Mosionier, Beatrice: Author

Beatrice Mosionier. (b.

Beatrice (Culleton) Mosionier, a Manitoba Metis author was born in St. Boniface, Manitoba, to Louis and Mary Clara Mosionier. Beatrice was the youngest of four children in a dysfunctional and broken home. At age three she was taken away from her parents and raised in a series of foster homes, away from her family and Metis heritage. Taunted and increasingly abused, she began to deny her Aboriginal heritage and embraced Euro-Canadian values. Her personal identity was badly damaged as she moved from foster home to foster home. Such experiences destroyed two of her sisters who ended their lives in suicide. She eventually settled in Toronto, and trained as an accountant, she never thought that she would become a writer. However, the pain of her sister’s suicide motivated her to begin writing. Her first novel, In Search of April Raintree was published in 1983. Culleton did not write the book from an autobiographical perspective. “Its what most people think” she says, “I wrote this book for myself; for answers after a second suicide in my family. I didn’t want to write about the real people around me.” (“Author Culleton a Hero,” The Drum, Vol. 3 (2), 2000: 13). Culleton’s novel illustrates the way in which a light-skinned Métis girl, for whom assimilation into white society seems a possibility, is convinced by her teachers, foster family, and social workers that Native people are responsible for their own disempowerment and that their social positioning is unalterable. This book has been used extensively in Canadian high schools in Canadian Literature Studies. Culleton also wrote Spirit of the White Bison and Unusual Friendships: A Little Black Cat and a Little White Rat (children’s books) and a film script called Walker, and Night of the Trickster, a play for the National Film Board that was produced by the Native Earth Performing Arts in the spring of 1992. Culleton worked as managing editor of Pemmican Publications at one time and was a recipient of Manitoba’s Order of the Buffalo Hunt in 1985. She has acted as playwright-in-residence for Native Performing Arts. (Written with contributions from the Gabriel Dumont Institute.) Her second novel In the Shadow of Evil, was published in 2000. Mosionier contributed the Foreword and two short stories to the recent 2011 anthology Manitowapow (James Sinclair and Warren Carriou (Eds.).1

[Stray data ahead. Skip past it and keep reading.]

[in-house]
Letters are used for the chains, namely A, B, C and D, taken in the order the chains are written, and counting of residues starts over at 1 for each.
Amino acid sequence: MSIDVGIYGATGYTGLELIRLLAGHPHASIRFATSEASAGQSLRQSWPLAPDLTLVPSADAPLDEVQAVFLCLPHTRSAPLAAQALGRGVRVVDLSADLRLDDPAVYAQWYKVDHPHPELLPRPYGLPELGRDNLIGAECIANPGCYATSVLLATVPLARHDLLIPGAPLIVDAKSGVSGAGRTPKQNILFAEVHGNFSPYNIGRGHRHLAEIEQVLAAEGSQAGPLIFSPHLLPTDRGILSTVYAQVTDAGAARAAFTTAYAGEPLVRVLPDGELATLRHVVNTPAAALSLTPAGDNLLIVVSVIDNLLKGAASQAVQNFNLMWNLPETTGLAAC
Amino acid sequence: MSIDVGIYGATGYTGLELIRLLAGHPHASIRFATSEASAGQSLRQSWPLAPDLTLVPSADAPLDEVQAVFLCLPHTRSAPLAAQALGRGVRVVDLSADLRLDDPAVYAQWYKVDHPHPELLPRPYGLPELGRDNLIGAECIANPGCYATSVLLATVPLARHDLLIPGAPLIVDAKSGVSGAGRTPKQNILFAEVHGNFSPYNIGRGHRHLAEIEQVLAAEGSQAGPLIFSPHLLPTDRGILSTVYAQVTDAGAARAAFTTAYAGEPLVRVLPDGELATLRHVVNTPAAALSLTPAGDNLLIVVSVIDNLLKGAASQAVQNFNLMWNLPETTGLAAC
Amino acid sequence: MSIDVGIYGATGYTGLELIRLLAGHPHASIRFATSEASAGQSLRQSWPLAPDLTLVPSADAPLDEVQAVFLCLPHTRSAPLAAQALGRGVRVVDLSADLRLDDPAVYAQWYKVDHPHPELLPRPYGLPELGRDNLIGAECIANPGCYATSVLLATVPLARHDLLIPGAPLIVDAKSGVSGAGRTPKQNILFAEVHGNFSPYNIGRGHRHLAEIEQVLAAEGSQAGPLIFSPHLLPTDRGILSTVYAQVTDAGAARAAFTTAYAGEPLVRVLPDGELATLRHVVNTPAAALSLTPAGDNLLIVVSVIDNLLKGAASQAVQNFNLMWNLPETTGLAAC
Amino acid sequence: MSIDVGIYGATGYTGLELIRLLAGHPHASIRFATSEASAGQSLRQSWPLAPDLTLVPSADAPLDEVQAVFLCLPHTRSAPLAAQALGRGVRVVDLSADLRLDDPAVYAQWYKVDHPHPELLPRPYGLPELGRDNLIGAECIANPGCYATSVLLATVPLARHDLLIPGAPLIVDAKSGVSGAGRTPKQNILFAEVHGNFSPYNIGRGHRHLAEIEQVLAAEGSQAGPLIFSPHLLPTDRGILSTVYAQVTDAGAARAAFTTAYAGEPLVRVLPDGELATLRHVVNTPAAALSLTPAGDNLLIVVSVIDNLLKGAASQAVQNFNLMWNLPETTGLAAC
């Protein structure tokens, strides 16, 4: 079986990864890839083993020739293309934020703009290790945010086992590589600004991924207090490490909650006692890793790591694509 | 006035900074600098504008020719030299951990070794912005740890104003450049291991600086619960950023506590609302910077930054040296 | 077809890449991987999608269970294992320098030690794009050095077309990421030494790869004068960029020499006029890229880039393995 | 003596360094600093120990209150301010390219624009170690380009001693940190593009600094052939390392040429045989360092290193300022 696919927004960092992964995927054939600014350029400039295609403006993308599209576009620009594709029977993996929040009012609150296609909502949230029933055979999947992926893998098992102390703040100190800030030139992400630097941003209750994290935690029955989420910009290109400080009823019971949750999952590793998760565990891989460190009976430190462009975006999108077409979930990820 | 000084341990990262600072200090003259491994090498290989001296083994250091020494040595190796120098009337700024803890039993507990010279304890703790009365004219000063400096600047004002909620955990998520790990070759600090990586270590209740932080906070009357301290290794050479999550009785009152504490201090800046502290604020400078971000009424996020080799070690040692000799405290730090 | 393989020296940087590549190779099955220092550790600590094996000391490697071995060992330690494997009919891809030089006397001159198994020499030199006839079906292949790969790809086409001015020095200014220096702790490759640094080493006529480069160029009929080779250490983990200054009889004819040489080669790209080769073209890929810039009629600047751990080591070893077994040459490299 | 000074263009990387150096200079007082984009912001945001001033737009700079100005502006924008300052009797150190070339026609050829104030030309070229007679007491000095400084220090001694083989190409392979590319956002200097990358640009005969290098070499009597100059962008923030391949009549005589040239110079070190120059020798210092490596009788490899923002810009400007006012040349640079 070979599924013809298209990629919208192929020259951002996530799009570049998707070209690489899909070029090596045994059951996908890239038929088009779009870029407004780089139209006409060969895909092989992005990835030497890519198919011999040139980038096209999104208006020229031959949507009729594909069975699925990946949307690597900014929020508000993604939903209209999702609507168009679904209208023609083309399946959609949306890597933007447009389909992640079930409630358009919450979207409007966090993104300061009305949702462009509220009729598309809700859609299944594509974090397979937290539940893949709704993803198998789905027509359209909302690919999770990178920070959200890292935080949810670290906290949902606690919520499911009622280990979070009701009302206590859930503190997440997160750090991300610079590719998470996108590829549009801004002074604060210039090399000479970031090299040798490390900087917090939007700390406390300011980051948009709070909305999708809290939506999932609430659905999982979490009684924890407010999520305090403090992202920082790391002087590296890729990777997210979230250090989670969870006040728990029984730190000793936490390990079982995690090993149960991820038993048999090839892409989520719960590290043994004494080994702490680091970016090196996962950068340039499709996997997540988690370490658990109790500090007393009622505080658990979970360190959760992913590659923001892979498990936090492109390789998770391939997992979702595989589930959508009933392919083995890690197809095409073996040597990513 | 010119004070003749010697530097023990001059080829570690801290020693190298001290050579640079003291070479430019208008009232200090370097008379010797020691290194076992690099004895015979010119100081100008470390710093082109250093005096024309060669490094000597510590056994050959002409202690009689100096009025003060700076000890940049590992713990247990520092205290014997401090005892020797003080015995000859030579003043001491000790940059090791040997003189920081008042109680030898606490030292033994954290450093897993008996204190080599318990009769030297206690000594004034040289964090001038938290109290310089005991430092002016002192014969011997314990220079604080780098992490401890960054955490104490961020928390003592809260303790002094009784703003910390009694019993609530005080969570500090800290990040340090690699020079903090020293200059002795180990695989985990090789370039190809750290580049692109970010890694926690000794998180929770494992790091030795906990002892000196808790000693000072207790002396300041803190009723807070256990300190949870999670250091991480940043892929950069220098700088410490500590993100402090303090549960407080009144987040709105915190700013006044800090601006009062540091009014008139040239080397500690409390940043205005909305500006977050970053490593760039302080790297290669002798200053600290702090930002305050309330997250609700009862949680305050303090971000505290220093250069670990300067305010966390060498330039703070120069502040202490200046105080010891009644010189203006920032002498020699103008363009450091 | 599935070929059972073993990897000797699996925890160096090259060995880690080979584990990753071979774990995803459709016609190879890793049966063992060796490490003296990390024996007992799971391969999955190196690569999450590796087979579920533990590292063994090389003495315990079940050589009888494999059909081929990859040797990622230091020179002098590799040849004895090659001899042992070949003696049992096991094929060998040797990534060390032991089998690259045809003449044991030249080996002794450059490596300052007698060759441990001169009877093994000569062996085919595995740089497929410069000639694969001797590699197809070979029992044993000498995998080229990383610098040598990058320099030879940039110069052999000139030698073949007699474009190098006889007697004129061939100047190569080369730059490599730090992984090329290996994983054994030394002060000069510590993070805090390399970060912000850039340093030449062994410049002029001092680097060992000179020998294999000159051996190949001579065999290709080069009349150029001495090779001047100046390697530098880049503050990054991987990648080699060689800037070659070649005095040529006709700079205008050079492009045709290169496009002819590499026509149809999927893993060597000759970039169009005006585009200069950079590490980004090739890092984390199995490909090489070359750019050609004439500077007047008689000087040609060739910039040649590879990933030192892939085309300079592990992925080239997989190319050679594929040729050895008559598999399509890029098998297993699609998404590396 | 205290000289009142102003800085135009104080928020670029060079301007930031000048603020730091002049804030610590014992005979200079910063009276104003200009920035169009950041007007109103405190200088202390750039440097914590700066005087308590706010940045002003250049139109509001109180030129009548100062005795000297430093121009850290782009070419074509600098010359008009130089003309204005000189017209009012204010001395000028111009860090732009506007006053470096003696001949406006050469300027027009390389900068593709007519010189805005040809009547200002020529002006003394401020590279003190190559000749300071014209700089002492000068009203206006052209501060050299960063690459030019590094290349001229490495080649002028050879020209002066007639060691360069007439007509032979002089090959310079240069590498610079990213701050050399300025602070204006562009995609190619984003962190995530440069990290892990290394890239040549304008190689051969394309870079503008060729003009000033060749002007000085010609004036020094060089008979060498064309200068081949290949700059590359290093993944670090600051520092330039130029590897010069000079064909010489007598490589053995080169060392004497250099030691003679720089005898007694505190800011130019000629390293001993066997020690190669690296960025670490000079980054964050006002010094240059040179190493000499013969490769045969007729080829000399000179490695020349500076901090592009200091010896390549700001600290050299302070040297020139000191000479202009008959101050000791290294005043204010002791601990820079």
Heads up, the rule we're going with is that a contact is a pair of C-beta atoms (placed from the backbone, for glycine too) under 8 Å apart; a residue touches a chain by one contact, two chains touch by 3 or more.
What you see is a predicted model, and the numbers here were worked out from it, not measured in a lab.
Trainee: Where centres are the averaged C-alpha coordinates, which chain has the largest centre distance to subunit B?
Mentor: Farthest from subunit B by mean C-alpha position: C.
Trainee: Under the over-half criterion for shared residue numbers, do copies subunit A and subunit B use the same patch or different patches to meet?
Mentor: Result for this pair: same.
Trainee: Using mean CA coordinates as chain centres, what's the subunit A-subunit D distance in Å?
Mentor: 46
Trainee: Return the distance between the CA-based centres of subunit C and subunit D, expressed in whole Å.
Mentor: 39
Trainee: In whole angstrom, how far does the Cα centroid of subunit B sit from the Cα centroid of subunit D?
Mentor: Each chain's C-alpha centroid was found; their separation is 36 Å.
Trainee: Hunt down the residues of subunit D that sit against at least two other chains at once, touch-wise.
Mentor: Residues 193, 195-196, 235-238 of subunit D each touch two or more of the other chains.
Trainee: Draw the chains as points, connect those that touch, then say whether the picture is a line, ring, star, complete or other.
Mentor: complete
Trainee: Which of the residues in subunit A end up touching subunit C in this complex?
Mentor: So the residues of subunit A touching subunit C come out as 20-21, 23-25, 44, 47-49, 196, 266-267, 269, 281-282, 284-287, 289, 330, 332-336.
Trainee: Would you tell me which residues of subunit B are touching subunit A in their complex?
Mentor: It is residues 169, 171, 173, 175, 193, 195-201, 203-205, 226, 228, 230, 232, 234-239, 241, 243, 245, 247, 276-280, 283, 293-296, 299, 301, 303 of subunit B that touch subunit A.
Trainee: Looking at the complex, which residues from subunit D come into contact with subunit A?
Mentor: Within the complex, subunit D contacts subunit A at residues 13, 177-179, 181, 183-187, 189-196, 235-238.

Compiled by Lawrence Barkwell Coordinator of Metis Heritage and History Research Louis Riel Institute


Beatrice Mosionier. “Foreword,” from “In the Shadow of Evil,” and from “Come Walk With Me, A Memoir.” In Manitowapow, James Sinclair and Warren Carriou (Eds.) Winnipeg: Highwater Press, 2011: xv-xvi, 217-225..

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